Fourth Sunday of Lent
March 10, 2002
The Gospel: John 9:1-13 [14-27] 28-38
Sermon: "Grace frees us from Blindness"
The Rev. William D. Oldland

The Gospel:

As he walked along, he saw a man blind from birth. His disciples asked him, "Rabbi, who sinned, this man or his parents, that he was born blind?" Jesus answered, "Neither this man nor his parents sinned; he was born blind so that God's works might be revealed in him. We must work the works of him who sent me while it is day; night is coming when no one can work. As long as I am in the world, I am the light of the world." When he had said this, he spat on the ground and made mud with the saliva and spread the mud on the man's eyes, saying to him, "Go, wash in the pool of Siloam" (which means Sent). Then he went and washed and came back able to see. The neighbors and those who had seen him before as a beggar began to ask, "Is this not the man who used to sit and beg?" Some were saying, "It is he." Others were saying, "No, but it is someone like him." He kept saying, "I am the man." But they kept asking him, "Then how were your eyes opened?" He answered, "The man called Jesus made mud, spread it on my eyes, and said to me, 'Go to Siloam and wash.' Then I went and washed and received my sight." They said to him, "Where is he?" He said, "I do not know." They brought to the Pharisees the man who had formerly been blind. [Now it was a sabbath day when Jesus made the mud and opened his eyes. Then the Pharisees also began to ask him how he had received his sight. He said to them, "He put mud on my eyes. Then I washed, and now I see." Some of the Pharisees said, "This man is not from God, for he does not observe the sabbath." But others said, "How can a man who is a sinner perform such signs?" And they were divided. So they said again to the blind man, "What do you say about him? It was your eyes he opened." He said, "He is a prophet." The Jews did not believe that he had been blind and had received his sight until they called the parents of the man who had received his sight and asked them, "Is this your son, who you say was born blind? How then does he now see?" His parents answered, "We know that this is our son, and that he was born blind; but we do not know how it is that now he sees, nor do we know who opened his eyes. Ask him; he is of age. He will speak for himself." His parents said this because they were afraid of the Jews; for the Jews had already agreed that anyone who confessed Jesus to be the Messiah would be put out of the synagogue. Therefore his parents said, "He is of age; ask him." So for the second time they called the man who had been blind, and they said to him, "Give glory to God! We know that this man is a sinner." He answered, "I do not know whether he is a sinner. One thing I do know, that though I was blind, now I see." They said to him, "What did he do to you? How did he open your eyes?" He answered them, "I have told you already, and you would not listen. Why do you want to hear it again? Do you also want to become his disciples?"] Then they reviled him, saying, "You are his disciple, but we are disciples of Moses. We know that God has spoken to Moses, but as for this man, we do not know where he comes from." The man answered, "Here is an astonishing thing! You do not know where he comes from, and yet he opened my eyes. We know that God does not listen to sinners, but he does listen to one who worships him and obeys his will. Never since the world began has it been heard that anyone opened the eyes of a person born blind. If this man were not from God, he could do nothing." They answered him, "You were born entirely in sins, and are you trying to teach us?" And they drove him out. Jesus heard that they had driven him out, and when he found him, he said, "Do you believe in the Son of Man?" He answered, "And who is he, sir? Tell me, so that I may believe in him." Jesus said to him, "You have seen him, and the one speaking with you is he." He said, "Lord, I believe." And he worshiped him.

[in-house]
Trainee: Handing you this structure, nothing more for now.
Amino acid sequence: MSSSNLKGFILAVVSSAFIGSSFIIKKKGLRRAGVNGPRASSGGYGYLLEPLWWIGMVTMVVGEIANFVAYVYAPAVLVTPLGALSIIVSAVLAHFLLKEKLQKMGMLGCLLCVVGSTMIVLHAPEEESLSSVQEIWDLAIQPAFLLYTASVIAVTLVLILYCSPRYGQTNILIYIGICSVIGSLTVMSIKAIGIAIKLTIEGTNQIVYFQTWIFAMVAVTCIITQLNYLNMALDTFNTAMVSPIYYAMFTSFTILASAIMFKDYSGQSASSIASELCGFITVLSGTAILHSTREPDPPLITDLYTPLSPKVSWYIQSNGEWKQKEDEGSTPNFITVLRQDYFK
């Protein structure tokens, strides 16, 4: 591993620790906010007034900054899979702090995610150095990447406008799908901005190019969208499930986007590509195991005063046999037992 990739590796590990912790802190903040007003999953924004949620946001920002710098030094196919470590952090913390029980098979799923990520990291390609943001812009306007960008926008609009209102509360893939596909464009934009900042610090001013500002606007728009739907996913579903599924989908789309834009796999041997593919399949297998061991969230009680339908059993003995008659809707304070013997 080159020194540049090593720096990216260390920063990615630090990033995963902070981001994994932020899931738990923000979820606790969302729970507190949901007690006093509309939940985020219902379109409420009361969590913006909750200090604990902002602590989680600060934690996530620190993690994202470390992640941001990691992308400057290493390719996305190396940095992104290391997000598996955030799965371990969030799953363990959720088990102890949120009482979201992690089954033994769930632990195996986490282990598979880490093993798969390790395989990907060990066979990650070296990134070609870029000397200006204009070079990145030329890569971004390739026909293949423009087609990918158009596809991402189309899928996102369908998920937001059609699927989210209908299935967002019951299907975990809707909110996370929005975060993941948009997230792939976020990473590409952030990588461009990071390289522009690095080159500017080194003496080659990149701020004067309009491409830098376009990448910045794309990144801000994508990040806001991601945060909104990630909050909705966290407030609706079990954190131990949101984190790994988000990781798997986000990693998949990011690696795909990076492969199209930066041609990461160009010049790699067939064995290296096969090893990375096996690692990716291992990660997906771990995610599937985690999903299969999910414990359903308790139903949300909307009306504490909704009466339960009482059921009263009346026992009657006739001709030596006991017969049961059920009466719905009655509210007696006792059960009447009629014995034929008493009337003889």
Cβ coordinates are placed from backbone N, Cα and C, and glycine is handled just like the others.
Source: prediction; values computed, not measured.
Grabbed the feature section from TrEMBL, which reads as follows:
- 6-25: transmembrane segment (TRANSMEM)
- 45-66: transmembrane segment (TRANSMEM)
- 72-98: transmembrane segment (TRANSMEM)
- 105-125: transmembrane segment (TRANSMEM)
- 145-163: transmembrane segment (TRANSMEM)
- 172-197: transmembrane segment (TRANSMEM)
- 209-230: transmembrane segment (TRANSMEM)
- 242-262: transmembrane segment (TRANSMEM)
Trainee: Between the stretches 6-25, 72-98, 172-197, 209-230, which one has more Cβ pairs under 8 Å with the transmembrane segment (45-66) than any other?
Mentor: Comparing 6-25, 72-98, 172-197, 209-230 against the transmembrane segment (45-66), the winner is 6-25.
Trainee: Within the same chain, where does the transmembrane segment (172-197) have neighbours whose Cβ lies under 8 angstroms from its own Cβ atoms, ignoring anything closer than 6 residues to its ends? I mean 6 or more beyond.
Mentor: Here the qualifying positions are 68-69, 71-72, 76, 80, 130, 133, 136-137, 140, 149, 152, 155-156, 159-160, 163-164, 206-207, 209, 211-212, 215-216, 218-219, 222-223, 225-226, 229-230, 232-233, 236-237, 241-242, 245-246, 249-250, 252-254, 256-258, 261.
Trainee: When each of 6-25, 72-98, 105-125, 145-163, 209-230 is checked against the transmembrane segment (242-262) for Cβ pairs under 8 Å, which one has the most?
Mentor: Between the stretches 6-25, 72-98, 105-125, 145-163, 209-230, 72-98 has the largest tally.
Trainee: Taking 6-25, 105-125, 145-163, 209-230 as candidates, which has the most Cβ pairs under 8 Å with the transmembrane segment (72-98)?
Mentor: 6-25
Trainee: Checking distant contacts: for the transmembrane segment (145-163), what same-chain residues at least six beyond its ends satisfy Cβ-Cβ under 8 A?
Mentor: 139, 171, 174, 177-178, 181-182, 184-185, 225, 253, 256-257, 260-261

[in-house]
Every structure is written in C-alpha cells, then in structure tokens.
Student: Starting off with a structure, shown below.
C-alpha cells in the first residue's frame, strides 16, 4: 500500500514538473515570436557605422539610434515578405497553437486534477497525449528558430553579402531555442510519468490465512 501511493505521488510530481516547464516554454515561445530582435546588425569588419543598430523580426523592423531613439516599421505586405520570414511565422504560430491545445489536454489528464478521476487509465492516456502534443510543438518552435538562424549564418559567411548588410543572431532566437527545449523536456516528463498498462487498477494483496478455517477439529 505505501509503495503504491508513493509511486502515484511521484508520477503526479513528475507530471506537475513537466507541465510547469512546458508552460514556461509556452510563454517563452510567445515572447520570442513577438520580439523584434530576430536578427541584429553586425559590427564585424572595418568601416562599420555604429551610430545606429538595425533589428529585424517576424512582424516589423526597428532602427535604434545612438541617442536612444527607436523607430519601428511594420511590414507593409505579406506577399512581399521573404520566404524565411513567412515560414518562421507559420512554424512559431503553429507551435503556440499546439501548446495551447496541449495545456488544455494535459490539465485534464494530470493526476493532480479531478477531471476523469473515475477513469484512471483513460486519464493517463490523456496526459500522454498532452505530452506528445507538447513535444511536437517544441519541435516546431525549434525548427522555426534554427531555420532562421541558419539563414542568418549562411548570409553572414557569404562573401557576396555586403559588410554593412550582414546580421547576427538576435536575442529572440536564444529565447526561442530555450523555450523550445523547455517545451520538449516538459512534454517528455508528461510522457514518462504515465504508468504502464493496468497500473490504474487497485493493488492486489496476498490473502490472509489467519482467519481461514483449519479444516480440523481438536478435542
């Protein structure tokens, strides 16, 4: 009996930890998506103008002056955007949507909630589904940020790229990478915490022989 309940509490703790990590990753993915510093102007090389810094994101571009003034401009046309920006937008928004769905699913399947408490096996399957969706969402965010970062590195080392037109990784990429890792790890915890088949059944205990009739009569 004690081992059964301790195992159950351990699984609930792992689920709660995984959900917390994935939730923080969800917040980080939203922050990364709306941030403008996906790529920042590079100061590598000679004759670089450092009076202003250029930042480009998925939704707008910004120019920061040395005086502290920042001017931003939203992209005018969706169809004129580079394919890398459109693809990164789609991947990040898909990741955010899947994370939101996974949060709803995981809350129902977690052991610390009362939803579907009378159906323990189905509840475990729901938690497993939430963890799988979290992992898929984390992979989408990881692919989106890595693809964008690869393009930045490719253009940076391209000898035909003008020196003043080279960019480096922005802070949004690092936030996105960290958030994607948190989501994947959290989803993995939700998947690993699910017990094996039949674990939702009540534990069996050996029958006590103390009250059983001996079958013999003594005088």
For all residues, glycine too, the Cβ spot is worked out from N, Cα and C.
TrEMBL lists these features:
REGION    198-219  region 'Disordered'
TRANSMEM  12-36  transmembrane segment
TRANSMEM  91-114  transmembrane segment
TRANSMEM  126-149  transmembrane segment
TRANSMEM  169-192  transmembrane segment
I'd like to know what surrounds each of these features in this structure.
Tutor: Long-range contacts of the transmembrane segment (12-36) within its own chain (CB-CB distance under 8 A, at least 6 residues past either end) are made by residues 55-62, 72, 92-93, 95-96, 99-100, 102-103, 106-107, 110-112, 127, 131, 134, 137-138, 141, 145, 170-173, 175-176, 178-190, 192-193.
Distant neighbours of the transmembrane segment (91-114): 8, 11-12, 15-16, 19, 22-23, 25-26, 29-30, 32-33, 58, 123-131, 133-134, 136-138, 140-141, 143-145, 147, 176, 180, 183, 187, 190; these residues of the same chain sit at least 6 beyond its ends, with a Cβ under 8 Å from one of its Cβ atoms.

John 1:9-13 [14-27] 28-38

Grace frees us from Blindness

Fourth Sunday of Lent - March 10, 2002

Blindness might be described as a form of bondage. Not being able to see limits our ability to move freely. We can't go where we want to go all the time. We can't do all the things we would like to do. We can't experience the gift of color. We can't see somebody laugh or cry. We can't see clouds, or trees, birds or animals, I would imagine many of us would not want to lose the use of our eyes. Yet, blindness comes in many forms. Blindness may not simply be physical. We may be blind in spirit. The funny thing about spiritual blindness is that it is often self-induced. God does not blind us. Other people do not blind us. We often blind ourselves. We blind ourselves and we often have no idea how blind we are.

Today's Gospel is about physical and spiritual blindness. This Gospel is about the curing of physical and spiritual blindness. For this Gospel is about salvation and about grace. In this Gospel story we are set up as observers. We are watching the actions of Jesus, the disciples, a blind man and the Pharisees. We watch as the drama unfolds. We watch as blindness is overcome.

Jesus is walking with his disciples when they come across a blind man. The man is blind from birth. So the disciples want to know who sinned that this man was born blind. Hebrew theology believed that there was a cause and effect between sin and adversity. If a person was blind then it was due to his sinfulness. If a person was poor it was due to sinfulness. They also believed that the sins of the parents could be transferred to the children. A child with a birth defect could be the result of the sins of the parents. In addition, a baby in the womb could sin. This belief came from the pregnancy of Rebekah with Isaac and Esau. They moved around so much in the womb the two children were thought to be struggling with each other. This struggle was thought to be sinful. So, the disciples want to know what sin was the cause of this man's blindness and who caused it. Jesus responds with a new teaching about sin. Neither this man nor his parents sinned against God as a cause for his blindness. This man was born blind so that God's works might be revealed. In other words, the man's blindness was not an opportunity to reflect on sinfulness. The man's blindness was an opportunity for God's saving works in the world to be revealed to all. So, Jesus takes dirt and spit, rubs it on the man's eyes and tells him to wash off the mud in Siloam. The blind man does as he is told, and returns healed.